Ferris Family Professor of Policy Analysis and Management, Robert S. Harrison Director of the Institute for Social Sciences
PhD 1981, University of Wisconsin-Madison
Areas of Interest: Family Sociology, Demography, Poverty and Inequality, Immigration, Race and Ethnicity
Dr. Daniel T. Lichter is the Ferris Family professor in the Department of Policy Analysis and Management, Professor of Sociology, former Director of the Cornell Population Center, and current Robert S. Harrison Director of the Institute for Social Sciences. He joined the Cornell faculty in August 2005. He has previously taught at Pennsylvania State University (1981-1999) and The Ohio State University (1999-2005).
He teaches courses on population and public policy, poverty and inequality, and demographic techniques.
Dr. Lichter is past-president of the Population Association of America (2012) and the Rural Sociological Society (2010-11). He also is past-president of the Association of Population Centers, and he has served as chair of both the family and population sections of the American Sociological Association. He also has served as editor of Demography (2002-2004), the flagship journal of the Population Association of America (PAA).
Dr. Lichter is a member of the research advisory board of the National Campaign to Prevent Teen and Unintended Pregnancy. He also is a policy fellow of the Carsey Institute at the University of New Hampshire, and a member of the poverty working group (on race and ethnicity) at the Stanford Center of Poverty and Inequality. He is currently serving as a member of the National Academy Sciences panel on “The Integration of Immigrants into American Society” during 2014-2015. For a full description of panel activities, see http://www8.nationalacademies.org/cp/projectview.aspx?key=49598.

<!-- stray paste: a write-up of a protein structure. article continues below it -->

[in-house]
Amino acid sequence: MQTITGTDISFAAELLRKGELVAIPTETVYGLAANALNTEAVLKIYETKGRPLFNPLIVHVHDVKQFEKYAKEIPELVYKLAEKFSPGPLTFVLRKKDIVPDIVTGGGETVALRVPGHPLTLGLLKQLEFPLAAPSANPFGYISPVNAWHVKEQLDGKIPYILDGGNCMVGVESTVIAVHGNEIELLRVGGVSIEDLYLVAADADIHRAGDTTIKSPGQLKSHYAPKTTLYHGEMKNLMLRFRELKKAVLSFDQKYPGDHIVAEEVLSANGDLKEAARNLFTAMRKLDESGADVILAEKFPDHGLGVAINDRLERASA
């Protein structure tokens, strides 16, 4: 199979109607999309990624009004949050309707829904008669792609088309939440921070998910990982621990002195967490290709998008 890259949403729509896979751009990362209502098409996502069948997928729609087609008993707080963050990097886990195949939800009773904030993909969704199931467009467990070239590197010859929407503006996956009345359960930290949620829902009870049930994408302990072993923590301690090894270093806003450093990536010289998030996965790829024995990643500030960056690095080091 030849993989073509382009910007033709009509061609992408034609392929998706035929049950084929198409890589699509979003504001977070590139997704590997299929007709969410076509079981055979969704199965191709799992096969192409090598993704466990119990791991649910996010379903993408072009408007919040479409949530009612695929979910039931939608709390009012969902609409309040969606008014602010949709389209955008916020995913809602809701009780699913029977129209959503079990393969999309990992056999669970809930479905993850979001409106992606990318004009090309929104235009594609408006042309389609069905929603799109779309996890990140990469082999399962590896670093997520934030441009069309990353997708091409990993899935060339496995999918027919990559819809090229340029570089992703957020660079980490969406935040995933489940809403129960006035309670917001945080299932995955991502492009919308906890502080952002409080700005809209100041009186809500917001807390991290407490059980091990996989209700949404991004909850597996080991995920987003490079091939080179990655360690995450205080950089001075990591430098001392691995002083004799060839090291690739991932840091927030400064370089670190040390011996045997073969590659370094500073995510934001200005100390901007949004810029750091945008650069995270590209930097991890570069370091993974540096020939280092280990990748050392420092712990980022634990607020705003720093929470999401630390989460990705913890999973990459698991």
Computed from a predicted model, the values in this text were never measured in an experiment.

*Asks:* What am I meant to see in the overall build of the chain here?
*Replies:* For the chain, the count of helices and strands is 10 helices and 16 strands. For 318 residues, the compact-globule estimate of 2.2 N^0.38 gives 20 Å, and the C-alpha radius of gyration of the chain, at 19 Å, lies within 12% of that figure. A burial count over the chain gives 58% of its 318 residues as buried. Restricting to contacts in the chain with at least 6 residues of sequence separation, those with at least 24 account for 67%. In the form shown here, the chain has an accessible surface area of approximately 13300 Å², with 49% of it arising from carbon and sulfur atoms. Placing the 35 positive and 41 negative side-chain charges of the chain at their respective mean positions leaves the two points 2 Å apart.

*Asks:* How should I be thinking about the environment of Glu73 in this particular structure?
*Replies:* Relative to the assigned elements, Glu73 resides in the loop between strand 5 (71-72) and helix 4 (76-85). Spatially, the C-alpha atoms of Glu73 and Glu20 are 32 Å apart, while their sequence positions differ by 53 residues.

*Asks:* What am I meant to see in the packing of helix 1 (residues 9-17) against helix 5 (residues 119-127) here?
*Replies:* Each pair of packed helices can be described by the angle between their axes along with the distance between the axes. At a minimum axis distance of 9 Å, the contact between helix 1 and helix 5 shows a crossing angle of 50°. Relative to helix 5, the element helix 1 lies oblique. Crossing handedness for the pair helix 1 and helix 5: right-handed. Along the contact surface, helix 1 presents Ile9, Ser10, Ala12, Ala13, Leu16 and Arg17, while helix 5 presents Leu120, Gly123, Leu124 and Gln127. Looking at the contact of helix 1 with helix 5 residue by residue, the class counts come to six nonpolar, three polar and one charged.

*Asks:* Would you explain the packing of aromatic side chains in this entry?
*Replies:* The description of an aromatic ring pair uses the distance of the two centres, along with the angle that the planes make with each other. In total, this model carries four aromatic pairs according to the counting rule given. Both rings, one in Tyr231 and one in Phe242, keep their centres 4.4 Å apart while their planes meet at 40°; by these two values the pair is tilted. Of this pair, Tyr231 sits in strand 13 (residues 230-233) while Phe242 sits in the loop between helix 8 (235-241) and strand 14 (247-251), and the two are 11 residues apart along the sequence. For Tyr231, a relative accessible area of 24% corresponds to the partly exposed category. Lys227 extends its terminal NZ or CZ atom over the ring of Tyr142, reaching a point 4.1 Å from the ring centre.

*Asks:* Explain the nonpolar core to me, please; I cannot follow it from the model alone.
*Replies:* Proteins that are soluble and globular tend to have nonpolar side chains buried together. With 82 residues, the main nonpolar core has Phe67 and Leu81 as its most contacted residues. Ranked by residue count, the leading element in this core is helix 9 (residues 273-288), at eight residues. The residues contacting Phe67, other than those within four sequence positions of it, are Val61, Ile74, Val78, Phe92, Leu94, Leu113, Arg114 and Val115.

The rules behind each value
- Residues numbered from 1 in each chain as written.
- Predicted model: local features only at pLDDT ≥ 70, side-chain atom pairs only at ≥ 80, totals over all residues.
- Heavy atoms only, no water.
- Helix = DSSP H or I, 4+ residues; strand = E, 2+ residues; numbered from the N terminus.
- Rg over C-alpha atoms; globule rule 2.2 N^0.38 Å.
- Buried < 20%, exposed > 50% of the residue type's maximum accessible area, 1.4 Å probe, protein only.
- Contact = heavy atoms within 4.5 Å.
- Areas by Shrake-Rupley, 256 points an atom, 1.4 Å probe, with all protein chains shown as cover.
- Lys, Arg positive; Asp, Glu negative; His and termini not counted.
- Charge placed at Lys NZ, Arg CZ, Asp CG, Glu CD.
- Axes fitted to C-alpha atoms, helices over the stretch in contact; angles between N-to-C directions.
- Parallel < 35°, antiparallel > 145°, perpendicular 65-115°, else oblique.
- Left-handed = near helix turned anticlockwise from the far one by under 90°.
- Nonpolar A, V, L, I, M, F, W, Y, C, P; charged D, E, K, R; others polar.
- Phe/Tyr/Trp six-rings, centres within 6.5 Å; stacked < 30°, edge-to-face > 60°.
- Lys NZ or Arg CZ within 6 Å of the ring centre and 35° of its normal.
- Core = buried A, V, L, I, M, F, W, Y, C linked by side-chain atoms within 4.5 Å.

Dr. Lichter has published widely on topics in population and public policy, including studies of concentrated poverty and inequality, intermarriage, cohabitation and marriage among disadvantaged women, and immigrant incorporation. His recent work, for example, has focused on changing ethnoracial boundaries, as measured by changing patterns of interracial marriage and residential segregation in the United States. He is especially interested in America’s racial and ethnic transformation, growing diversity, and the implications for the future. His other work centers on new destinations of recent immigrants, especially Hispanics moving to less densely-settled rural areas. He has provided new national estimates of racial residential segregation in Hispanic “boom towns” in the Midwest and South, focusing on the spatial assimilation and economic incorporation of the new immigrants into local communities. As a measure of acculturation, he also has documented high rates of fertility and poverty among Hispanic immigrants and natives in new destinations.
Population and Public Policy
Lichter, D.T., Z-C Qian, and D. Tumin. (2015). “Who Do Immigrants Marry? Emerging Patterns of Intermarriage and Integration in the United States.” Annals of the American Academy of Political and Social Sciences 660, forthcoming.
Lichter, D.T., D. Parisi, and M.C. Taquino. (2015). “Toward a New Macro-Segregation? Decomposing Segregation Within and Between Metropolitan Cities and Suburbs.” American Sociological Review, forthcoming.
Thiede, B.C., D.T. Lichter, and S.R. Sanders. (2015). “America’s Working Poor: Conceptualization, Measurement, and New Estimates.” Work and Occupations 42: 267-312.
Lichter, D.T., S.R. Sanders, and K.M. Johnson. (2015). “Hispanics at the Starting Line: Poverty among Newborn Infants in Established Gateways and New Destinations.” Social Forces, forthcoming.
Parisi, D., D.T. Lichter, and M.C. Taquino. (2015). “The Buffering Hypothesis: Growing Diversity and Declining Black-White Segregation in America’s Cities, Suburbs, and Small Towns?” Sociological Science 2:125-157.
Lichter, D.T., D. Parisi, and M.C. Taquino. (2015). “Spatial Assimilation in U.S. Cities and Communities? Emerging Patterns of Hispanic Segregation from Blacks and Whites.” Annals of the American Academy of Political and Social Sciences 660(July): 36-56.
Crowley, M., D.T. Lichter, and R.N. Turner. (2015). “Diverging Fortunes? Economic Well-Being of Latinos and African Americans in New Rural Latino Destinations. Social Science Research 51:77–92.